“Not Even Close”

    1. Market signals
    2. A new vice assumes invisibility
    3. Not even close

1

It appears that we’ve reached a point where it’s okay to fire someone or force their resignation if they “cause dissension,” “make colleagues uncomfortable,” “scare off customers,” “create a distraction” or “don’t fit.” Think Brendan Eich. It shows “how businesses respond to market signals.”

Or I guess I should say it’s okay to fire them if they bring about these results through thoughtcrime, because you can always force yourself to think different thoughts, to believe what you don’t believe, or at least to put on a smiley face and fake it. Right? Right? Right?

On the other hand, you couldn’t possibly shut up about anything really sacred like who you prefer dancing in the sheets with, and it would be horrible if you got fired for being so “Out” about this private matter that you “cause dissension,” “make colleagues uncomfortable,” “scare off customers,” “create a distraction” or “don’t fit.”

(H/T Will Saletan and Mollie Hemingway via Rod Dreher) See also item 3.

UPDATE: I have uninstalled Firefox from Mozilla. How’s that for a market signal?

2

You can tell a lot about society by noting what vice(s) pass without notice, or (a little lipstick on the pig) get recast as virtues. In my lifetime, one such vice has been greed. That seems to be changing to lust.

Some of what bugs me is that I note and lament the lust more than I ever noted and lamented the greed. Is it really worse, or is it just different? (Not a rhetorical question.)

Kyrie eleison! (Not a rhetorical petition.)

3

From what I consider the best traditionalist take yet on Brendan Eich:

Responses have been all over the map.

A writer at Slate actually tried to justify the termination as a good thing. Libertarian Nick Gillespie said he was “ambivalent” about Eich’s removal but that Eich’s resignation simply “shows how businesses respond to market signals.” And even conservatives weren’t rallying behind Eich on the grounds that marriage is an institution designed around sexual complementarity so much as by saying that even if he’s wrong, conscience should be protected

At the end of the day, they’re all wrong. Or at least not even close to understanding the problem with Eich’s firing. Political differences with CEOs, even deep political differences, are something adults handle all the time. Most of us know that what happened held much more significance than anodyne market forces having their way. And Eich shouldn’t be protected on the grounds that one has the right to be wrong. See, Eich wasn’t hounded out of corporate life because he was wrong. He was hounded out of corporate life because he was right. His message strikes at the root of a popular but deeply flawed ideology that can not tolerate dissent.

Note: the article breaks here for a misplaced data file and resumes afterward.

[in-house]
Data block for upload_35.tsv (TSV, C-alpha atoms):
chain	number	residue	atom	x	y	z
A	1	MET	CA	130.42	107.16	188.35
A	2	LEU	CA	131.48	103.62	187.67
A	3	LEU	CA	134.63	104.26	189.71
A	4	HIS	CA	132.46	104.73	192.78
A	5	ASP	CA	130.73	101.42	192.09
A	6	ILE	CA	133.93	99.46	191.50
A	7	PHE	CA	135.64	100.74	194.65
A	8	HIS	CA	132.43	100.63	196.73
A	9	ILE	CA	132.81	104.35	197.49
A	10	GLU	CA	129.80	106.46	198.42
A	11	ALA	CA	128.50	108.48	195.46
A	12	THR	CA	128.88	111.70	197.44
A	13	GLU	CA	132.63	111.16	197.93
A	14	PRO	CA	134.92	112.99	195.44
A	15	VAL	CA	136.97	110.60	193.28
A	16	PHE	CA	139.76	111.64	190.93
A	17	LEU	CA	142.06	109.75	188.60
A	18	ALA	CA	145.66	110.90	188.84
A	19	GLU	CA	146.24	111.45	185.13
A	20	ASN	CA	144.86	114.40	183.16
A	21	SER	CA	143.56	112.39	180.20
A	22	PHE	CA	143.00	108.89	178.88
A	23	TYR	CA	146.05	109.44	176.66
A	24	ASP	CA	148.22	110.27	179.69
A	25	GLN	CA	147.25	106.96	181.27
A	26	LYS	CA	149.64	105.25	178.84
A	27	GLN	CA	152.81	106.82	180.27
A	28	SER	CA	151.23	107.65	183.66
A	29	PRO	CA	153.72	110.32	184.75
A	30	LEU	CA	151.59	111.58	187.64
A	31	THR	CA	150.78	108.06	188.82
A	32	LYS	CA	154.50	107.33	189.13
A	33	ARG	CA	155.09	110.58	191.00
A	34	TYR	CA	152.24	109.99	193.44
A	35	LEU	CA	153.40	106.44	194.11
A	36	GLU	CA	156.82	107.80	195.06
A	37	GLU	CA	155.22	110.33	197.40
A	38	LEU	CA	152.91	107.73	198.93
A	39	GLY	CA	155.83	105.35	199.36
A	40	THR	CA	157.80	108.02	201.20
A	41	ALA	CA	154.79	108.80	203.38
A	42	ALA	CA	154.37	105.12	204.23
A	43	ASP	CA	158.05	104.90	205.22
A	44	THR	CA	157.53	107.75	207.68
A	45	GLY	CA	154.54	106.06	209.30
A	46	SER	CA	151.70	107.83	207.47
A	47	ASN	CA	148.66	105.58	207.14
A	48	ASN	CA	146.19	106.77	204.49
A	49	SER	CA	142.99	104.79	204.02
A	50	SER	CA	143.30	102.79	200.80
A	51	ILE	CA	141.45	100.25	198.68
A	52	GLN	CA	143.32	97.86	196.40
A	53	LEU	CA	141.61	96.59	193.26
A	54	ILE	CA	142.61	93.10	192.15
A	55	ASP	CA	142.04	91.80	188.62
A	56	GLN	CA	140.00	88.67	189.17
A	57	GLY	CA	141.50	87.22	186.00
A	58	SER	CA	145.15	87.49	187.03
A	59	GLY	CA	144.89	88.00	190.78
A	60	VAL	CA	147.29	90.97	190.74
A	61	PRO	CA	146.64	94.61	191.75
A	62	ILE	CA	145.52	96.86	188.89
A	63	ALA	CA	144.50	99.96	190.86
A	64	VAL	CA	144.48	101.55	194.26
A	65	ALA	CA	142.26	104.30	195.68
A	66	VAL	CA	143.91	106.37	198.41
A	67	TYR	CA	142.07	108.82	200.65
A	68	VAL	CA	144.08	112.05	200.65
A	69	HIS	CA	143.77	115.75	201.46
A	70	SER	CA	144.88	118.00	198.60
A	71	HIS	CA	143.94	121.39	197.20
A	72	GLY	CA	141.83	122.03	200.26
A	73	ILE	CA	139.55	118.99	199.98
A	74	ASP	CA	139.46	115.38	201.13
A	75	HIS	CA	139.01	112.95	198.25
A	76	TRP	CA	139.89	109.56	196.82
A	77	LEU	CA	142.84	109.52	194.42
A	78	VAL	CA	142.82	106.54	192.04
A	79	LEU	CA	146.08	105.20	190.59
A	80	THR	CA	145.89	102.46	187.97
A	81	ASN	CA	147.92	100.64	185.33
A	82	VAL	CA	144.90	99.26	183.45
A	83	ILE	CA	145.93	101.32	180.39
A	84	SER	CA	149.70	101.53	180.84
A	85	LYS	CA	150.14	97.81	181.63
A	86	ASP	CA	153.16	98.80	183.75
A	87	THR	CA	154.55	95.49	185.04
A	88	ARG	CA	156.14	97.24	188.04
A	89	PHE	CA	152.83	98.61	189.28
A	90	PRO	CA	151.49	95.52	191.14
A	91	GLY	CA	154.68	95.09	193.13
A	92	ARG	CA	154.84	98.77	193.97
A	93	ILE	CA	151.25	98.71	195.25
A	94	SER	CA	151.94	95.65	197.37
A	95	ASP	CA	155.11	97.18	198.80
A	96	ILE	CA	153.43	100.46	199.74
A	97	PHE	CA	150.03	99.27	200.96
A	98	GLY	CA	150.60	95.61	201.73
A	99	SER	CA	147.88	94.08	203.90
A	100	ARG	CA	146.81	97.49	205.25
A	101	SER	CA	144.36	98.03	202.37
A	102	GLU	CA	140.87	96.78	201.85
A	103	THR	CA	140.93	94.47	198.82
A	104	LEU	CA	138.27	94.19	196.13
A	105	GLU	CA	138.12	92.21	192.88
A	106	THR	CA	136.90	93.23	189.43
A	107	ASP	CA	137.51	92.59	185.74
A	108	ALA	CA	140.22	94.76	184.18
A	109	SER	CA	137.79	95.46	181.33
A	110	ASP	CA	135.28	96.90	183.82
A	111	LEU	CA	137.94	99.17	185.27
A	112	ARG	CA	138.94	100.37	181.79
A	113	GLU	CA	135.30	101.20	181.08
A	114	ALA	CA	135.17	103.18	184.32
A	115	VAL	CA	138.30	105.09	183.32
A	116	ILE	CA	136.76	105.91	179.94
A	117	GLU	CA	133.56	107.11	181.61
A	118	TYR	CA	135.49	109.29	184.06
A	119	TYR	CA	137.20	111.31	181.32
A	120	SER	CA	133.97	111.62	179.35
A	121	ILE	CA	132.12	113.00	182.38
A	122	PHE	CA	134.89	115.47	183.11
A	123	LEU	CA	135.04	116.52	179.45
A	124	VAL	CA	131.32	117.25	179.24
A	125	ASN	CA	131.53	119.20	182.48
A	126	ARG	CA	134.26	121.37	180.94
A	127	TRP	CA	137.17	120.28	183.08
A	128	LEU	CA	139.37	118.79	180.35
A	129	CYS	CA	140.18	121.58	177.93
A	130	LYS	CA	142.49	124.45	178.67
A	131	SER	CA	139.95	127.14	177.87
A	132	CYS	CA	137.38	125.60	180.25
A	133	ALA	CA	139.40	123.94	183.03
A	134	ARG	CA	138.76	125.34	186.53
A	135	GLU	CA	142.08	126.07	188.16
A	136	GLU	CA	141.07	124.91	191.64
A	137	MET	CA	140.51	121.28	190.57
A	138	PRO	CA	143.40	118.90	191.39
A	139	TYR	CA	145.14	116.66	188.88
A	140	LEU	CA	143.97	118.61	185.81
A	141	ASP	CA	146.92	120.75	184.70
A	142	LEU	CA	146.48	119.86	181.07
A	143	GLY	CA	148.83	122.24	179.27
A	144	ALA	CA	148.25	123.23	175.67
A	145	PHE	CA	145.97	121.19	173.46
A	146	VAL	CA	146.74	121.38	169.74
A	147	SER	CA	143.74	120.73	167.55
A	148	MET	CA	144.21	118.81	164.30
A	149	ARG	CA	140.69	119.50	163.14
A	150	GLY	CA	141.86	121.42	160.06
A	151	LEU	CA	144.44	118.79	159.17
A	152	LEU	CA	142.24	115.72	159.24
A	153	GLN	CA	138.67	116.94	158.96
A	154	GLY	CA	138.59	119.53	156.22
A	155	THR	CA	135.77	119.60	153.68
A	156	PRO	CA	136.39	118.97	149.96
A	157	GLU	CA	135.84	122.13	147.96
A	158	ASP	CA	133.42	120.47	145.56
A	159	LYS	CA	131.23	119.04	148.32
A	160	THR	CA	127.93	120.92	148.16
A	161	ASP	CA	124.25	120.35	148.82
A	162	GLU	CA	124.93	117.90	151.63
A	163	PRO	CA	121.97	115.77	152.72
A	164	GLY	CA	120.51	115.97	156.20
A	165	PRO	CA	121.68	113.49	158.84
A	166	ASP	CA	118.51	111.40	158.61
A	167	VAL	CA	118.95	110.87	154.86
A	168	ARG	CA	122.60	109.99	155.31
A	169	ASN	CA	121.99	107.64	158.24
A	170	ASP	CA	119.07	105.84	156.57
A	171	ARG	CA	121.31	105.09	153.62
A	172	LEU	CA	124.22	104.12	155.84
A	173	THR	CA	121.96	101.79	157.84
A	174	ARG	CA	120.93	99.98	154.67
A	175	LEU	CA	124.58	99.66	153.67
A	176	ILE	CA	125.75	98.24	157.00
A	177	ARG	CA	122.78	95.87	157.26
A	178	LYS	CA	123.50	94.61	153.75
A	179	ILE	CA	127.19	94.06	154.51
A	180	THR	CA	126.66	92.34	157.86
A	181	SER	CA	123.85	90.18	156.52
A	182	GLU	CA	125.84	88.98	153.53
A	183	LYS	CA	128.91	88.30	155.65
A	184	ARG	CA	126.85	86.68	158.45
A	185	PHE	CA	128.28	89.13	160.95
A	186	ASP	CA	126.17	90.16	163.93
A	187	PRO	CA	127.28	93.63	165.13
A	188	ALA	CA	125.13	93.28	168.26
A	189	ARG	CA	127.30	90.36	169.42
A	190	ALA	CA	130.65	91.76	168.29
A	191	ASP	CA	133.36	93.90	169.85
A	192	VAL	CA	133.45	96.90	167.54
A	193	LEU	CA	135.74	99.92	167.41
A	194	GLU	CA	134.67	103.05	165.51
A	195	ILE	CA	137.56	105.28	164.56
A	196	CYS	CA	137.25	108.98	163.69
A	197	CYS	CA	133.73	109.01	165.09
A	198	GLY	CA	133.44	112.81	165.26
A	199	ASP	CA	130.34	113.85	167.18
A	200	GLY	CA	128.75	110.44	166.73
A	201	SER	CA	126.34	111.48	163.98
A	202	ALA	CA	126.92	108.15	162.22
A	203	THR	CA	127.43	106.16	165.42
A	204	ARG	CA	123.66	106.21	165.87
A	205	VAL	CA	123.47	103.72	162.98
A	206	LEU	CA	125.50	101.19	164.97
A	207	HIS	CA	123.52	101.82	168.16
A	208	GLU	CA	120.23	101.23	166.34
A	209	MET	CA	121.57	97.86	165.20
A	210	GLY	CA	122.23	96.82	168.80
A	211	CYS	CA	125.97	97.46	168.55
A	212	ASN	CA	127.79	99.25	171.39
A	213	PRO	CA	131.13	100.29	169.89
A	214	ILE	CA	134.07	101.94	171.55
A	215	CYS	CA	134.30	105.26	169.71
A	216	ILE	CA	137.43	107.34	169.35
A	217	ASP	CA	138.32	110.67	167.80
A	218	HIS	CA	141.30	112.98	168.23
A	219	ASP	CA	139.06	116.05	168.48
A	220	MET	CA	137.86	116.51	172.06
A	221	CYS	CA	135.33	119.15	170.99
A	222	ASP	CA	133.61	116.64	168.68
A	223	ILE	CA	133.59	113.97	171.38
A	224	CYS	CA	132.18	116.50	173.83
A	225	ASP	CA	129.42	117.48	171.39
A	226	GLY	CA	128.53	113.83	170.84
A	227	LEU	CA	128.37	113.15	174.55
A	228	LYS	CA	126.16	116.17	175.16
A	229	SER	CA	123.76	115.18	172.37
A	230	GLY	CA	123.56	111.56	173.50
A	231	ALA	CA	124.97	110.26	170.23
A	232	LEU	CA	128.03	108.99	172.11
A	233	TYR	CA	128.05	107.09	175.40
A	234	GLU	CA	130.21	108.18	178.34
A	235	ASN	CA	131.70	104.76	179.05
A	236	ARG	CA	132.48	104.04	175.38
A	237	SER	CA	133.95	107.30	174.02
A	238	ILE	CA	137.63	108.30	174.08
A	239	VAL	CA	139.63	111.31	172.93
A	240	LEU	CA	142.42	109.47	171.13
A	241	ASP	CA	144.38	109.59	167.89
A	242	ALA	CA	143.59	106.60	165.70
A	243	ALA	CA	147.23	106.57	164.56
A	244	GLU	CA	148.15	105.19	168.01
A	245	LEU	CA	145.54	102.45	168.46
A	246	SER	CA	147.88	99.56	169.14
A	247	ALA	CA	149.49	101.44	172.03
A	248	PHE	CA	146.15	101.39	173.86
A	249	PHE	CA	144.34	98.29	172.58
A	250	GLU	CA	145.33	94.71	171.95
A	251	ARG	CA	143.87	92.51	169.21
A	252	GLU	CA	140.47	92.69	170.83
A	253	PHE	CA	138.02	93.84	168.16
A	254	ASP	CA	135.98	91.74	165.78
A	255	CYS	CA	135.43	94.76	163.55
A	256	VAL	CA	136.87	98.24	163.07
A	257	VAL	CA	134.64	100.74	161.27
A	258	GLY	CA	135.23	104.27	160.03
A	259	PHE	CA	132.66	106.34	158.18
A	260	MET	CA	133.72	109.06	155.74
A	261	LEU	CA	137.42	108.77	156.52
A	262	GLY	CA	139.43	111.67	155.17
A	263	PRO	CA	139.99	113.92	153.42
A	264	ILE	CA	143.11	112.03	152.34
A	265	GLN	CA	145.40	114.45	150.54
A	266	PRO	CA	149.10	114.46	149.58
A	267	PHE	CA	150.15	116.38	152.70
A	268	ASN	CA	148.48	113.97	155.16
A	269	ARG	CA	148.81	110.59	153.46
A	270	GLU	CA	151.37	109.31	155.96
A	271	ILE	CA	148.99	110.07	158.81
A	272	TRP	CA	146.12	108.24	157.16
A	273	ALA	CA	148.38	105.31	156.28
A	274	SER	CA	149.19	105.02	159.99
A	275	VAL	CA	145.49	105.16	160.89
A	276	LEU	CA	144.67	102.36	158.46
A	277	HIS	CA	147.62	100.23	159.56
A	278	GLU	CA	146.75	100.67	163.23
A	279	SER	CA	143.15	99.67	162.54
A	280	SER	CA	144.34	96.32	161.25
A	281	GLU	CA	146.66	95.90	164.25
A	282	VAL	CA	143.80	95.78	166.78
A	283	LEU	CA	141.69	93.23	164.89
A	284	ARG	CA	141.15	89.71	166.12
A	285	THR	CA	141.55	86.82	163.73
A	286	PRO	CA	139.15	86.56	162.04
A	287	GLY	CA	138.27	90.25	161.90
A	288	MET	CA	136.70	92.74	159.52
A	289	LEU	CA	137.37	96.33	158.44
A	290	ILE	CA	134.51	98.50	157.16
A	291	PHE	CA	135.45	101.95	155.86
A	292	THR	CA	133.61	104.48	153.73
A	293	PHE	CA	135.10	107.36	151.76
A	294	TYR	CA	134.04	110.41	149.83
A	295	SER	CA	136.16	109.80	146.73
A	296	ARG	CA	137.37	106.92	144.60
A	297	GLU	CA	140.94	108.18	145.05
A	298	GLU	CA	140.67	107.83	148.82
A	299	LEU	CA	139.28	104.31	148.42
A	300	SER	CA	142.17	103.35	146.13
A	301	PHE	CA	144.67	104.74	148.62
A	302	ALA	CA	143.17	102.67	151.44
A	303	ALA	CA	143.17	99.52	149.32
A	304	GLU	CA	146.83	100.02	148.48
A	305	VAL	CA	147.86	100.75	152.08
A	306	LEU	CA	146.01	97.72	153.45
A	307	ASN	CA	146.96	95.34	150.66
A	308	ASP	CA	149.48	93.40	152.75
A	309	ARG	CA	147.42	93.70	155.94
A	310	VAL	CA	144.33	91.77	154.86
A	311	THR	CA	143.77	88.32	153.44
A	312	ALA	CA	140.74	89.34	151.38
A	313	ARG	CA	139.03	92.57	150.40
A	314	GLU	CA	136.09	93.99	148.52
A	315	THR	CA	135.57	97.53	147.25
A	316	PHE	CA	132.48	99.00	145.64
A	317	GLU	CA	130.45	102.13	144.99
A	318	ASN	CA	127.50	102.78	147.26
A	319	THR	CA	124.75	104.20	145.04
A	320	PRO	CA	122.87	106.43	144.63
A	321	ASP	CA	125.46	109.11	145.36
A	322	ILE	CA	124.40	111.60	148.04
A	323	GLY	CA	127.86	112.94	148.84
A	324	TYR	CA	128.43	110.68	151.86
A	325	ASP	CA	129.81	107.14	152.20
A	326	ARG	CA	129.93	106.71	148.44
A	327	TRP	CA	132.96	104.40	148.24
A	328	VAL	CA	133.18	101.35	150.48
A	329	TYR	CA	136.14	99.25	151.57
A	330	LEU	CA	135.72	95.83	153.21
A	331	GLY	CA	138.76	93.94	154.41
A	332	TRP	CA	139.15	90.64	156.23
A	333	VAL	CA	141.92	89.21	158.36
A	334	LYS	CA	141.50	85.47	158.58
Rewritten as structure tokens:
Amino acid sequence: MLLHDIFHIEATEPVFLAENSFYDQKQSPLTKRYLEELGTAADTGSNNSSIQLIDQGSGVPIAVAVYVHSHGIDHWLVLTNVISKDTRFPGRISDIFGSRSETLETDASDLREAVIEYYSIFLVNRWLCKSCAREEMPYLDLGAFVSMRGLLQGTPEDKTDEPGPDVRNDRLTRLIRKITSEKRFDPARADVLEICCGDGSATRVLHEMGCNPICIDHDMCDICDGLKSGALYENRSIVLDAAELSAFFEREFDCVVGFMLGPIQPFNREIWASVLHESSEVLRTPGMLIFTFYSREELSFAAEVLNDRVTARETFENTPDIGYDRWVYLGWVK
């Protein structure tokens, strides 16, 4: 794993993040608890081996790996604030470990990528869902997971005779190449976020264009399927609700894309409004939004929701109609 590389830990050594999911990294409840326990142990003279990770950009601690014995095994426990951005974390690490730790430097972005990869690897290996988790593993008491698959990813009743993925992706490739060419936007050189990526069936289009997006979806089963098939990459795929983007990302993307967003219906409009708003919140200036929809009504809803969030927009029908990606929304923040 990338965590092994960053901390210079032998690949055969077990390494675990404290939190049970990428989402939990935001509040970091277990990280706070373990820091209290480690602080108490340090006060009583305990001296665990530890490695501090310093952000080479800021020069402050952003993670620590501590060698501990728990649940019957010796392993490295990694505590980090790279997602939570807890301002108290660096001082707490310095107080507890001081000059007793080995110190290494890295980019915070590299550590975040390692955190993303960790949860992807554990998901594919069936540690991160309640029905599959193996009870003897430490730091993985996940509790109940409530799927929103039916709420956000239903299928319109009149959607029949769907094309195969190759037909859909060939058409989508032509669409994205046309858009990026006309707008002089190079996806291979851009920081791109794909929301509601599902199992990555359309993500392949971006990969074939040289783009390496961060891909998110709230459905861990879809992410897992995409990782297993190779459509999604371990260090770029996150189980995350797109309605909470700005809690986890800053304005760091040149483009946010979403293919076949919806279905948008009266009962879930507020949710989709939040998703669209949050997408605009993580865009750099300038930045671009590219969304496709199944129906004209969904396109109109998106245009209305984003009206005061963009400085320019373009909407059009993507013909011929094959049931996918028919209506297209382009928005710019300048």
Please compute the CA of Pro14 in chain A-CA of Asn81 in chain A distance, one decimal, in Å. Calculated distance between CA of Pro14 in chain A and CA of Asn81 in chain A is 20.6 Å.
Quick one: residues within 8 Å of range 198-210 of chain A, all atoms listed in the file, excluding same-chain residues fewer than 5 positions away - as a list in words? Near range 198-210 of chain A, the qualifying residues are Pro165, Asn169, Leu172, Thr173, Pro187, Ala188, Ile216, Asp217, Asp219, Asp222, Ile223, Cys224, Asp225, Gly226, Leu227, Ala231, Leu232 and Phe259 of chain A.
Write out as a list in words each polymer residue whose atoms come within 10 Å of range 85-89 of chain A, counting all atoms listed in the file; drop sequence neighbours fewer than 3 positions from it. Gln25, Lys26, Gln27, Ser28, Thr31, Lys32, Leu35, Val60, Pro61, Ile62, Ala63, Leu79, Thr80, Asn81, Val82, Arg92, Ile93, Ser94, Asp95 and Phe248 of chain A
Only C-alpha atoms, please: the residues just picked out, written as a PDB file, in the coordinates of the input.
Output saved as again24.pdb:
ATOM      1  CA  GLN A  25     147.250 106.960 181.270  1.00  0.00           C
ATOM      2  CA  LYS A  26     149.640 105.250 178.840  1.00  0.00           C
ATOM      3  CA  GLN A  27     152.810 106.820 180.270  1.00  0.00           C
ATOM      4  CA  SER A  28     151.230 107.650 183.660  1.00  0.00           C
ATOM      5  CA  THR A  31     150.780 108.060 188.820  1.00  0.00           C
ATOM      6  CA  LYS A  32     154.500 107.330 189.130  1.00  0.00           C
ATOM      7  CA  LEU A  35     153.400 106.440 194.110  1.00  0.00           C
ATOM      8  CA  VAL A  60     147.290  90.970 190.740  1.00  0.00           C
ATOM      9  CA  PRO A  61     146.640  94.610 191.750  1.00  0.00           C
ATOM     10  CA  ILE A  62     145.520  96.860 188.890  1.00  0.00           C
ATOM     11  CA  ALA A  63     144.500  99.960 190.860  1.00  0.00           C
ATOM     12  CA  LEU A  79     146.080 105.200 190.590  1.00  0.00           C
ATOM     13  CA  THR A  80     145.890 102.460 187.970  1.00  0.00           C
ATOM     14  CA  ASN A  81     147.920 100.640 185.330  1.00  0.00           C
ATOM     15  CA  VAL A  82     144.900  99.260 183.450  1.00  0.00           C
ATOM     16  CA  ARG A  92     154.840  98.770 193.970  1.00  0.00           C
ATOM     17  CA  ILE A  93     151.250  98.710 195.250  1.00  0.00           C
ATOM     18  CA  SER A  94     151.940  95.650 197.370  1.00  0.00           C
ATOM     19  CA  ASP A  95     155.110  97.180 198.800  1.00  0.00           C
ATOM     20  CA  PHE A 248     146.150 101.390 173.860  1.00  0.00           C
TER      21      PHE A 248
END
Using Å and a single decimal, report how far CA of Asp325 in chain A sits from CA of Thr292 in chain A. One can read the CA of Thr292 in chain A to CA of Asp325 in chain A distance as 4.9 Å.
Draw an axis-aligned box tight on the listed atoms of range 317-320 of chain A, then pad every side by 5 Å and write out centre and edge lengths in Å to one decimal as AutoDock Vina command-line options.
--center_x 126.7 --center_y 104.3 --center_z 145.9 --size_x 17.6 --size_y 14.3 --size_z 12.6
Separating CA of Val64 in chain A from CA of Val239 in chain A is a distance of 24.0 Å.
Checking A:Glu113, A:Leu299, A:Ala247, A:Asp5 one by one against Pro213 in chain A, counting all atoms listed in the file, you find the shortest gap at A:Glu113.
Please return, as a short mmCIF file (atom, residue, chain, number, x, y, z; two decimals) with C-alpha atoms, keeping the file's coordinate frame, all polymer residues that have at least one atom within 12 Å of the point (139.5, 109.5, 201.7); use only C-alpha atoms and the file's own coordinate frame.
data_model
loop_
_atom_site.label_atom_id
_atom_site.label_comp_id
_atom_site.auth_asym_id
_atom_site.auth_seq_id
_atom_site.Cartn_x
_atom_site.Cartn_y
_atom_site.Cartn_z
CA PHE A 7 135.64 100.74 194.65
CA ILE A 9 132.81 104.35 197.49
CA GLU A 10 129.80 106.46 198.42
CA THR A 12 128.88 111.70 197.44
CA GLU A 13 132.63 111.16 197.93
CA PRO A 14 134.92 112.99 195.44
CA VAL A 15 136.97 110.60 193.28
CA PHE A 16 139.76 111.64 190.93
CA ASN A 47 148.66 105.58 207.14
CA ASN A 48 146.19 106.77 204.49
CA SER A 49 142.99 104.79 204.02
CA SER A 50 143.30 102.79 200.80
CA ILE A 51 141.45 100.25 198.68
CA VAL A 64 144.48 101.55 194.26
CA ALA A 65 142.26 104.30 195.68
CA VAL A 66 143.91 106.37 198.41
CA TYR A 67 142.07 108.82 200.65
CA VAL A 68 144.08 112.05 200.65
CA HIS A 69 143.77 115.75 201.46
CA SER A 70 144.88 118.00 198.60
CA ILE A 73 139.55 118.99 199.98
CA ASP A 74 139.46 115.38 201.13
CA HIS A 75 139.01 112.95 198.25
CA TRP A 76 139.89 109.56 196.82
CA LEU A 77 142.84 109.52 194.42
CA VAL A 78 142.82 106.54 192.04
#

And what we have in Eich is the powerful story of a dissident — one that forces those of us who are still capable of it to pause and think deeply on changing marriage laws and a free society.

[Pointed story from Vaclav Havel omitted]

We probably already understand relationships have value, right? Assuming we’re not sociopaths, we do. So what is the difference between marriage and other relationships? There’s no question marriage has been treated dramatically differently than other relationships by governments and society. Why? Is it that it features a more vibrant or emotional connection? Or is there some feature that is a difference in kind – that marks it out as something that ought to be socially structured? We usually don’t want government in our other relationships, right? So why is marriage singled out throughout all time and human history as a different type of recognized relationship?

Well, what singled it out was that sex was involved. Sex. Knocking boots. The bump and grind. Dancing in the sheets. Making the beast with two backs. Doing the cha-cha. And so on and so forth. And why does that matter? Well, there’s precisely one bodily system for which each of us only has half of the system. It’s the one that involves sex between one man and one woman. It’s with respect to that system that the unit is the mated pair. In that system, it’s not just a relationship that is the union of minds, wills or important friendships. It’s the literal union of bodies. In sexual congress, in intercourse between a man and a woman, you are literally coordinated to a single bodily end.

In every other respect we as humans act as individual organisms except when it comes to intercourse between men and women — then we work together as one flesh. 

Eich’s most important political work was not making a paltry $1,000 donation in defense of natural marriage laws. It was in refusing to recant.

Consider first the response of one of the activist’s calling for Eich’s head. After he resigned, activist Michael Catlin wrote that he never thought his campaign against Eich would go “this far” and that he wanted “him to just apologize.” So he was “sad” that Eich didn’t say the magic words that would have allowed him to keep his job. Yeah, he really said that.

(Mollie Hemingway, who hit it so far out of the park that she may have busted a few windows at the Human Rights Campaign office.)

Memingway says “Eich wasn’t hounded out of corporate life because he was wrong. He was hounded out of corporate life because he was right. His message strikes at the root of a popular but deeply flawed ideology that can not tolerate dissent.

I would suggest that no amount of outside affirmation will ever silence the interior voice of conscience – at least as long as there’re one dissenter still dissenting.

* * * * *

“The remarks made in this essay do not represent scholarly research. They are intended as topical stimulations for conversation among intelligent and informed people.” (Gerhart Niemeyer)

Some succinct standing advice on recurring themes.